Advertisement

Archive for Sunday, May 2, 2004

Dog handler trains to save lives

May 2, 2004

Advertisement

— The din that rises from Sherryl White's west Wichita home can at times be deafening.

Go to her door and a Doberman, golden retriever and Boston terrier bark incessantly. Turkeys call from the back yard. And it's not unusual for the donkey to start braying.

White, 59, has shown and trained dogs competitively for more than 25 years. The rest of the animals, she says, are pets.

Now, she and Ruby, the golden retriever, are using that training to make noise in another field: saving lives.

White is a newly trained search-and-rescue technician and canine handler with the National Association of Search and Rescue. She works as a volunteer with the Kansas Search and Rescue Dog Assn.

She and Ruby began training more than a year ago.

"I like the challenge," White said. "It's different than just having a pet that lays around the house. This is something you can do that's constructive."

When Ruby is on duty, she'll do whatever is asked.

Like other search-and-rescue dogs, she's being trained to sniff the air, land and water to search for people. Currently, Ruby is certified for wilderness search and rescue and soon will begin training in cadaver, water and disaster rescues.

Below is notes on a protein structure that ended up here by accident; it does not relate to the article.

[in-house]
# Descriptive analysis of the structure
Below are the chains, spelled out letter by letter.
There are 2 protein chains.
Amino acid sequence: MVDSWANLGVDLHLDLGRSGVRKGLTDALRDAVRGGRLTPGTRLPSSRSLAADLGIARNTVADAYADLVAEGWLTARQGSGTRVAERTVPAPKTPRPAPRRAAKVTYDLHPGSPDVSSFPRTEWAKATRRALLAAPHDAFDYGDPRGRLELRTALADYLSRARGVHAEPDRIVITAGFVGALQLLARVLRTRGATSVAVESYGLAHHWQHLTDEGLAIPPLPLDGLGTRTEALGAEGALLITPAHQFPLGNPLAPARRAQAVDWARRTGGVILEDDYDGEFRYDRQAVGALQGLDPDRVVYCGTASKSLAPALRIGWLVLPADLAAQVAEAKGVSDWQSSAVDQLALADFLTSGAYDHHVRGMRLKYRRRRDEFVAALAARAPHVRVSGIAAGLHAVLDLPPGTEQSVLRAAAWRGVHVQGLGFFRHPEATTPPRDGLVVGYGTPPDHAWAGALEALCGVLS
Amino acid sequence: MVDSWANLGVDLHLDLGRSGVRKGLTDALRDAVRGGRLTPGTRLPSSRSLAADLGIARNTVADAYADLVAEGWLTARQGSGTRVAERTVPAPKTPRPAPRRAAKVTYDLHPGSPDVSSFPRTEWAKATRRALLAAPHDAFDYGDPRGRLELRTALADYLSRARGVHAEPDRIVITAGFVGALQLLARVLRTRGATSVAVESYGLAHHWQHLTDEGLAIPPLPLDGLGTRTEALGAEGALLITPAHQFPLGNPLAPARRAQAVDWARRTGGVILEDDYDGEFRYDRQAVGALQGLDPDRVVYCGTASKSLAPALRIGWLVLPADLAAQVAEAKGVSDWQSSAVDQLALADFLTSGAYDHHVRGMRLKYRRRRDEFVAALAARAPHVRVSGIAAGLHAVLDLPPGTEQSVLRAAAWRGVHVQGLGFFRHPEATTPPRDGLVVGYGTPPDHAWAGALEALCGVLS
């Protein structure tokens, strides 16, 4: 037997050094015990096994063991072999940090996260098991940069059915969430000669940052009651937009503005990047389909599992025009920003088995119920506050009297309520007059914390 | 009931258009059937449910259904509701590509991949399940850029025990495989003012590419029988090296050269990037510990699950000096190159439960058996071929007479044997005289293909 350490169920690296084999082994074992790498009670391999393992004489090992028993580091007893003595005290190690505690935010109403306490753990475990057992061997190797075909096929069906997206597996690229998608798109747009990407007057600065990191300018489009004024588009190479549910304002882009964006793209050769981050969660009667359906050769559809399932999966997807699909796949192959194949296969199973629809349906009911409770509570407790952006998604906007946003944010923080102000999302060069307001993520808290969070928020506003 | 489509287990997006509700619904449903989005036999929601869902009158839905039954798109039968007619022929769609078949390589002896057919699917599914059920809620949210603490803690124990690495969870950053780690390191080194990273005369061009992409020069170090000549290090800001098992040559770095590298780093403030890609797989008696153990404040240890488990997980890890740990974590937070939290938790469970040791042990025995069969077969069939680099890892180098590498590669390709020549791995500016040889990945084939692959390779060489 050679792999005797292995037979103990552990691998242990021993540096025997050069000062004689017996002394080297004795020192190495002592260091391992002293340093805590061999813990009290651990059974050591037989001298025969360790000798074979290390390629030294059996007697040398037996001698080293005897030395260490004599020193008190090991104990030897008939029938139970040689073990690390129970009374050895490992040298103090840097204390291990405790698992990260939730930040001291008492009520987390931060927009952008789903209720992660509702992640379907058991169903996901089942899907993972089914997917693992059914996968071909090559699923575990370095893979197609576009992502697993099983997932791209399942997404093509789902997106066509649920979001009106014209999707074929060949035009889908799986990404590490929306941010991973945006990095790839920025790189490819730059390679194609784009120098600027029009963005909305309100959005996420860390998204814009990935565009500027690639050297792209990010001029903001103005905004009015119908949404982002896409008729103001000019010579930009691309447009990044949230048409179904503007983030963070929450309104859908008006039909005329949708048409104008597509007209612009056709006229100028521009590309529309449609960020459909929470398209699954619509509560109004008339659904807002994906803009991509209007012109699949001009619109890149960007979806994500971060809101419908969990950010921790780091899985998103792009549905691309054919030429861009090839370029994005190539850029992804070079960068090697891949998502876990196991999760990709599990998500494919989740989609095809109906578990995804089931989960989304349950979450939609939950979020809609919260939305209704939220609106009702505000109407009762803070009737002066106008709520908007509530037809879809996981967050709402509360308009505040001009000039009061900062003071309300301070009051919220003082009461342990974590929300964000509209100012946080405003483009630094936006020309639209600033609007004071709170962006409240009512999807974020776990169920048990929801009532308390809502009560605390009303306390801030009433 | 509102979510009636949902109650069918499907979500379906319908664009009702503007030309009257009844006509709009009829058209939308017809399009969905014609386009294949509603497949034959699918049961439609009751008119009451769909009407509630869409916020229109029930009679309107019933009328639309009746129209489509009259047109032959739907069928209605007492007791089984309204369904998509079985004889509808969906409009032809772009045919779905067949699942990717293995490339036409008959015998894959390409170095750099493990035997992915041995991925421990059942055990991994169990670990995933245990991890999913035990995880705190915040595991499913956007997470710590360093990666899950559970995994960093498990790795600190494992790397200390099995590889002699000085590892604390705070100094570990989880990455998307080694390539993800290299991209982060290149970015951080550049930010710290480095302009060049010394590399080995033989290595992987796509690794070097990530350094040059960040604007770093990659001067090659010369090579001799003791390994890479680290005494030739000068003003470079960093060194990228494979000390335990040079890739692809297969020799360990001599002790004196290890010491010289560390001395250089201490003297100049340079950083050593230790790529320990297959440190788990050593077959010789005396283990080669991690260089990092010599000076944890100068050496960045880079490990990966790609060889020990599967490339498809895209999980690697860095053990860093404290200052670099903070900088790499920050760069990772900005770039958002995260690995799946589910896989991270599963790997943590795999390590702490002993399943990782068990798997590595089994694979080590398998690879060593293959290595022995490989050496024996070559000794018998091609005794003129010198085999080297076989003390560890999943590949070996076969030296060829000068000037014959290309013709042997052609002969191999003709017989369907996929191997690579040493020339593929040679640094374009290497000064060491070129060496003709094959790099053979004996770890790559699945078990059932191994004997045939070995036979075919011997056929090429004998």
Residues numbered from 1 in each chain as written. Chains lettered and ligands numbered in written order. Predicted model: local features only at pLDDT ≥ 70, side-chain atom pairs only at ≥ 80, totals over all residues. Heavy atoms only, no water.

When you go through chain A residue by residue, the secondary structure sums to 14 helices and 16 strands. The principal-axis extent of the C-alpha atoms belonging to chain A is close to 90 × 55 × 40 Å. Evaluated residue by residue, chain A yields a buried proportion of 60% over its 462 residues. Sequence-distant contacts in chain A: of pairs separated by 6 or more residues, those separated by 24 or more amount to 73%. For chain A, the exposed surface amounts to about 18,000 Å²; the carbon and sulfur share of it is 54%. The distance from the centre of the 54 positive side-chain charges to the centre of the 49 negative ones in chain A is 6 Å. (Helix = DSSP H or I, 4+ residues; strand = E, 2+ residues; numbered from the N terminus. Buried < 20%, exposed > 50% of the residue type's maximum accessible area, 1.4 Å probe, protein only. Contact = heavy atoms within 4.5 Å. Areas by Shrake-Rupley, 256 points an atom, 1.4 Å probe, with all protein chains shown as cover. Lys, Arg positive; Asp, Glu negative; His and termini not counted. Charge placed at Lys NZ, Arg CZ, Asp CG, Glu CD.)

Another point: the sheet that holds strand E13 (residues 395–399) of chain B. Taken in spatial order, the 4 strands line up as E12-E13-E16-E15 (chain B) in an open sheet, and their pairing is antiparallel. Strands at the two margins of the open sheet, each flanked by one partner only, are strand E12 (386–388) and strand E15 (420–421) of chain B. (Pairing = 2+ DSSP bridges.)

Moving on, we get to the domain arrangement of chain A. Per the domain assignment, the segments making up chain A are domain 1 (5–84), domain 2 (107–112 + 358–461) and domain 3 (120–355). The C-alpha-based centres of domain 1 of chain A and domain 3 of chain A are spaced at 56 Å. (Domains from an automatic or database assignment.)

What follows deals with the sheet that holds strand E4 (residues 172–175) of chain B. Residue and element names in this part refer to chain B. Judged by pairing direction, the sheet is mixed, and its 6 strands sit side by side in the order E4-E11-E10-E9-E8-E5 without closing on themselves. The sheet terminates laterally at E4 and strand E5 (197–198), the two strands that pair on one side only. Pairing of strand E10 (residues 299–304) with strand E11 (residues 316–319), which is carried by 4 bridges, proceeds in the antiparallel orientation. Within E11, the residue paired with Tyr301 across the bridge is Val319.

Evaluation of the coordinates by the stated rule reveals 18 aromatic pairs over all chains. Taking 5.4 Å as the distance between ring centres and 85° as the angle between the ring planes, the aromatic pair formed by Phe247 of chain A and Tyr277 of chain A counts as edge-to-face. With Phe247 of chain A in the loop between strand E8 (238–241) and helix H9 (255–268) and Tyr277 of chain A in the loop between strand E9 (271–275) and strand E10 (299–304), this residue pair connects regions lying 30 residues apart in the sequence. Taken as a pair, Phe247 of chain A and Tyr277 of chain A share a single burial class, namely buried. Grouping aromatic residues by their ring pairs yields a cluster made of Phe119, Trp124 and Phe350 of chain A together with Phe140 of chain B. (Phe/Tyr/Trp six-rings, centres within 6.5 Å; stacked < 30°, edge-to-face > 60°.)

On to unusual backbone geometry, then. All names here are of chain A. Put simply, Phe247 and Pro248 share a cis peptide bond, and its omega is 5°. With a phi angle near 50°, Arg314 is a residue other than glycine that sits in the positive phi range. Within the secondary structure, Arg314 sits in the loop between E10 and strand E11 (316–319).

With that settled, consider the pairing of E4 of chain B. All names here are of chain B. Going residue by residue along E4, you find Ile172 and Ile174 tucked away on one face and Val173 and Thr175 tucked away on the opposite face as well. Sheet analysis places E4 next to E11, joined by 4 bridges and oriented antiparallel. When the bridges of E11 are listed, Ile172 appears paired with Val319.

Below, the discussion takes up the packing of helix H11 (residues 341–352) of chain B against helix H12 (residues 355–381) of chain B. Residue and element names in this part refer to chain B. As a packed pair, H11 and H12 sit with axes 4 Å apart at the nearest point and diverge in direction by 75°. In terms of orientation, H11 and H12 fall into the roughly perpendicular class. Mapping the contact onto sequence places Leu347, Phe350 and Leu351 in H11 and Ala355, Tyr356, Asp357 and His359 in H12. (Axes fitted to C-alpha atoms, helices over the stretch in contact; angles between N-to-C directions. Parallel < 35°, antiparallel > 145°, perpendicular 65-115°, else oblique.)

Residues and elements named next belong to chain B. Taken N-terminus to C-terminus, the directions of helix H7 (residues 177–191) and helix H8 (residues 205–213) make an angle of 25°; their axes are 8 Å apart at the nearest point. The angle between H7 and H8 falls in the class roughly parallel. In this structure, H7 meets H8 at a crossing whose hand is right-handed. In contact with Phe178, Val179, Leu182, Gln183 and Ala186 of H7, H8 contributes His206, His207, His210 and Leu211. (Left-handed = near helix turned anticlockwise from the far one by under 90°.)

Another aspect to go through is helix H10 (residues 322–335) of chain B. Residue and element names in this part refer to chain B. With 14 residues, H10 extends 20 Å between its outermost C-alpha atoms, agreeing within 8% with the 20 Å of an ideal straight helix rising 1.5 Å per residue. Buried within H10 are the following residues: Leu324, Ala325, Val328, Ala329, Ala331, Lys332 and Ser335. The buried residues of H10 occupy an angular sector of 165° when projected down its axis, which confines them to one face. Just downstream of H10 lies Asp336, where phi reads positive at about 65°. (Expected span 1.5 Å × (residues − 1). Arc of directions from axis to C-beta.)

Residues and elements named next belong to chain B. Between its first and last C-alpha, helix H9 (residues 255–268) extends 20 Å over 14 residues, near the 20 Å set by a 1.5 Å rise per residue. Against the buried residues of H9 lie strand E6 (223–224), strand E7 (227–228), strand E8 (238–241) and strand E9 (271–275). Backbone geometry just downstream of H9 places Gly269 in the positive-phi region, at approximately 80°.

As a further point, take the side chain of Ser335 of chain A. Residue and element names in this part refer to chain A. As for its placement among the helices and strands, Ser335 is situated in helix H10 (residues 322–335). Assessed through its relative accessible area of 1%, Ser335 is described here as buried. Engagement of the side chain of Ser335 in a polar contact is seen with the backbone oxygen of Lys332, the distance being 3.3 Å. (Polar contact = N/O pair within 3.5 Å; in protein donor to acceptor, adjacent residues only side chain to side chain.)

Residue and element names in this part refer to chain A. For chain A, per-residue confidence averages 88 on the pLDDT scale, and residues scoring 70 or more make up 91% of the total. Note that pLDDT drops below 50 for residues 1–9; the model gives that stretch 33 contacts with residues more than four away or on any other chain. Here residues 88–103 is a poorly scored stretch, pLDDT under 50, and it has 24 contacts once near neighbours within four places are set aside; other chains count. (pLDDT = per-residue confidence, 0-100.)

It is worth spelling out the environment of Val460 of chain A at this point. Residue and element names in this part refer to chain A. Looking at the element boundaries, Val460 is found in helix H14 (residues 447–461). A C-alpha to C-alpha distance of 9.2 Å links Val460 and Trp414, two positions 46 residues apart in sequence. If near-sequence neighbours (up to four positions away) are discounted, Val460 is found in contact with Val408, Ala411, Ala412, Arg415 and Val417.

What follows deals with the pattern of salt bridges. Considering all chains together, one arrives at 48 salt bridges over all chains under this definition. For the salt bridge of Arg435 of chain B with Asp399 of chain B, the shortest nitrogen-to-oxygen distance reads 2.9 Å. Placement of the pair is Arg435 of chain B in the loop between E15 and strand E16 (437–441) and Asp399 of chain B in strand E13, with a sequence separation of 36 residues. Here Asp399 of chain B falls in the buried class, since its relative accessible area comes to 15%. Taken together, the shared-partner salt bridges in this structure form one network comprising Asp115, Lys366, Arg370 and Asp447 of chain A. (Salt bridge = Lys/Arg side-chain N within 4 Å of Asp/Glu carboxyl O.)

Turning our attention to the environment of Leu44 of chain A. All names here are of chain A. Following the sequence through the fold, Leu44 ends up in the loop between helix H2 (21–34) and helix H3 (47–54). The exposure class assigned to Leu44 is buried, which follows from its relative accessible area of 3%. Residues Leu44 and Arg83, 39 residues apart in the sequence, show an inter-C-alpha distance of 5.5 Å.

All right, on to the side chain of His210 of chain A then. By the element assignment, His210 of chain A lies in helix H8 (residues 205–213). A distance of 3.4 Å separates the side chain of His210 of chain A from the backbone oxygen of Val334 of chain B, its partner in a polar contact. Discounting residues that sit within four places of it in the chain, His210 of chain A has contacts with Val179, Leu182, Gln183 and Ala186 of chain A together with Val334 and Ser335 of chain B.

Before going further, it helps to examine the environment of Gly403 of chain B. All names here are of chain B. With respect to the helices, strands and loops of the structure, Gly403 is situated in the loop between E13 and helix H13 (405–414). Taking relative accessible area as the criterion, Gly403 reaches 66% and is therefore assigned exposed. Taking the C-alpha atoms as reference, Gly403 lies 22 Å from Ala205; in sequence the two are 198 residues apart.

Wearing a yellow and black "Search Dog" vest and badge, Ruby responds quickly to White's command of "Go find!"

Experts say it often takes up to two years to certify a dog in search-and-rescue training. The training for the dog's handler is just as time consuming and extensive. The handler has to be certified before the dog.

Handlers and their dogs meet as a group at least once a week to train. They search for things as obscure as a tooth or bloody gauze in night and day situations.

"As far as actively recruiting, we don't recruit," says Joseph Fehrenbacher, duty officer with the Kansas association. "Most of the people who become members come to us by word of mouth. We purposely keep it small so we can give trainees more one-on-one attention."

The state association has 12 dog-and-person teams.

Now in its 10th year, the group has responded to more than 97 callouts in 39 Kansas counties, as well as searches in Oklahoma, Iowa, Missouri and Nebraska. It has assisted local law enforcement agencies and the Kansas and federal bureaus of investigation, and worked on drownings, nursing home walkaways, missing children cases, cadaver searches and disasters.

Last Labor Day weekend, White helped search for victims after the deadly flash flood on Interstate 35.

White says the volunteer search-and-rescue work is one of the most rewarding things she does.

"This is helping someone in need," White said. "Just being part of the team that has the potential to be helping is enough."

Commenting has been disabled for this item.